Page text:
I see the problem as mixing Christianity with Politics...

Always is the root of the problem.

What you are talking about is "winds of doctrine" being in conflict with true Christian principles and conflating the issues with current political problems.

During the rennaisance there was a religious upheaval as scriptures were made available to the common man without true hermeneutics being applied as the General Church was unwilling and unprepared to adequately teach these things. (As it would show that the Emporor's clothes were absent)

The Dark Ages were dark from hearing God's well as the understanding of what the scriptures meant. The documents were lost, destroyed, and left uncopied. (No printing presses)

The truth that Jesus was against politics goes unheard regularly.
(It was the means of his crucifixion)

Today we see that the Republicans are more in favor of acting like there is no pandemic and the lives lost weren't valuable to begin with. But Christian principles demand that every life is precious and not to be risked.
The Democrats wish to keep everyone in quarantine in order to exert more control over individuals lives and how the Government says they should behave.

Neither side is right.

I'm on God's side on this. I'm staying out of it.

General Discussion / Re: Christianity's greatest fa...
Last post by Pete - August 06, 2020, 10:24:41 am
I would tend to agree with this. There are a good many Christians in the United States that conflate politics with religion, and it's almost always a bad look.

It's like when people got all upset because organized prayer was taken out of schools. I absolutely agree with that decision. Why? Because I don't want a government institution determining how, when or what my children should pray. As a parent, it is my responsibility, not the school's, to teach my children how to pray. My wife and I teach them, and we've chosen a church that we believe reinforces that teaching. The problem with school-sponsored prayer is which prayer? Generally, when Christians want to assert power on the school or the government, it's not because they want freedom of religion. It's because they want their ideas imposed. And it is remarkably hypocritical.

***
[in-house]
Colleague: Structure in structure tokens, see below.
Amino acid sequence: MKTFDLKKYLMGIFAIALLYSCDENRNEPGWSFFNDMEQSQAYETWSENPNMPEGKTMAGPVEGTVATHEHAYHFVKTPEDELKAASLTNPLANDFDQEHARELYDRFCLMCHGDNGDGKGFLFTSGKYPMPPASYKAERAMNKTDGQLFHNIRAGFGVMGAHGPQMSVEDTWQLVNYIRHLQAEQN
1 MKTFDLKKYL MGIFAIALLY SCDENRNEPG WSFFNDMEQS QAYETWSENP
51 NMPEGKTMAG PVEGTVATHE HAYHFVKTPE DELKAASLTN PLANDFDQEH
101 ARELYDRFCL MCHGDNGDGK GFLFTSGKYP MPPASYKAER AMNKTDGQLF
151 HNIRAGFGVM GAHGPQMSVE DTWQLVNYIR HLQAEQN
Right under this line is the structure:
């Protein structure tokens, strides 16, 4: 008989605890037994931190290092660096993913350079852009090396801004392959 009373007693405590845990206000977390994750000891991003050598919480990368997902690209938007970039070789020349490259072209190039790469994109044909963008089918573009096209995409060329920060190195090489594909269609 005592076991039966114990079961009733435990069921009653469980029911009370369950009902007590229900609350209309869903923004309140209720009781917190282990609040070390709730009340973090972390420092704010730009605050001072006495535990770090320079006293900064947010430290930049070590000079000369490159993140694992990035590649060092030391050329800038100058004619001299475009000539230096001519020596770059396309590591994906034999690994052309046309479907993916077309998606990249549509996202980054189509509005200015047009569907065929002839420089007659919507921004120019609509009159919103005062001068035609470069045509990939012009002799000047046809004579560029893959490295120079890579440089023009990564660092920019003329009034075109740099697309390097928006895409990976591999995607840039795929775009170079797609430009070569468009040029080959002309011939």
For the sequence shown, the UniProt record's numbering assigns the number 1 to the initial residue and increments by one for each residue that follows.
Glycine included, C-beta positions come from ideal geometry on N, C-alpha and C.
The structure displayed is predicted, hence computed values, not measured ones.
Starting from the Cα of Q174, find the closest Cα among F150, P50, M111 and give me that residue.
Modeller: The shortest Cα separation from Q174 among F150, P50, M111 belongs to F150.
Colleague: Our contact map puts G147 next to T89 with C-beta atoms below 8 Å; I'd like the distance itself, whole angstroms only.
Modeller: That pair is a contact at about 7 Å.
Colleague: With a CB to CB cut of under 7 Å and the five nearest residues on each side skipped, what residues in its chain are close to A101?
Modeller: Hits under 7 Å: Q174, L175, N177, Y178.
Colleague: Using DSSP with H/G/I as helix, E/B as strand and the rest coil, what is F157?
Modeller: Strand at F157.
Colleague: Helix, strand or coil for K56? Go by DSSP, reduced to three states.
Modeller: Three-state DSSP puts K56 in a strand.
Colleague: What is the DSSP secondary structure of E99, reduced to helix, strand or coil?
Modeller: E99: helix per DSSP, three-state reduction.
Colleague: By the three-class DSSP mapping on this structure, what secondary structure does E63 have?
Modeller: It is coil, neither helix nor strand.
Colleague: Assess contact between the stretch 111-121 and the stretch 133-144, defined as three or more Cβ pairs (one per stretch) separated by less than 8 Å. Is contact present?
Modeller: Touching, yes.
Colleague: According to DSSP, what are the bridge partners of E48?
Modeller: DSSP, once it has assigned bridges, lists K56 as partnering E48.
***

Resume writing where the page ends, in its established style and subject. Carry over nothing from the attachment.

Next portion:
If you support freedom of religion, then you support the rights of people to practice whatever religion they choose. 

Another hot-button issue is abortion. The issue of voting for the "right" people to end abortion has been the rallying cry of political Christians since Roe v. Wade. But IMHO, this never should have been a political issue. It should be a medical issue. And it should provide an opportunity for us to minister to women considering abortion, to express the importance and value of life. I think by trying to legislate abortion laws, Christians have lost the plot. Legislation and laws do not address the heart, and that is what God cares about.

Instead of trying to force people to conform to our desires, I believe we should Love them and allow the goodness of God to draw them to repentance.

General Discussion / Christianity's greatest failur...
Last post by Bryan - August 05, 2020, 10:13:08 pm
Thinking about Christianity through the years and it seems that Christians from about 300-1800 really caused much more issues and problems than they solved.  Now I dont mean every single onf but rather the "leaders" of the church on earth.

It seems that around 300 that Christian leaders increasingly wanted political power and pull and that desire didnt seem to dissipate until Napoleon conquered Rome and abolished Catholicism in 1803 (year?).

Anyway, religious people in power is dangerous no matter what religion they subscribe to.  Theocracies are commanded no where in scripture and it seems Christians (certainly in America) increasingly want politicians to enact new religious leaning laws.

I'm not a fan of such things.  I wonder if the church would be looked more favorably upon if leaders from the past had been more compassionate and loving instead of power hungry and greedy.  That to me is Christianity's greatest failure.  Power corrupts...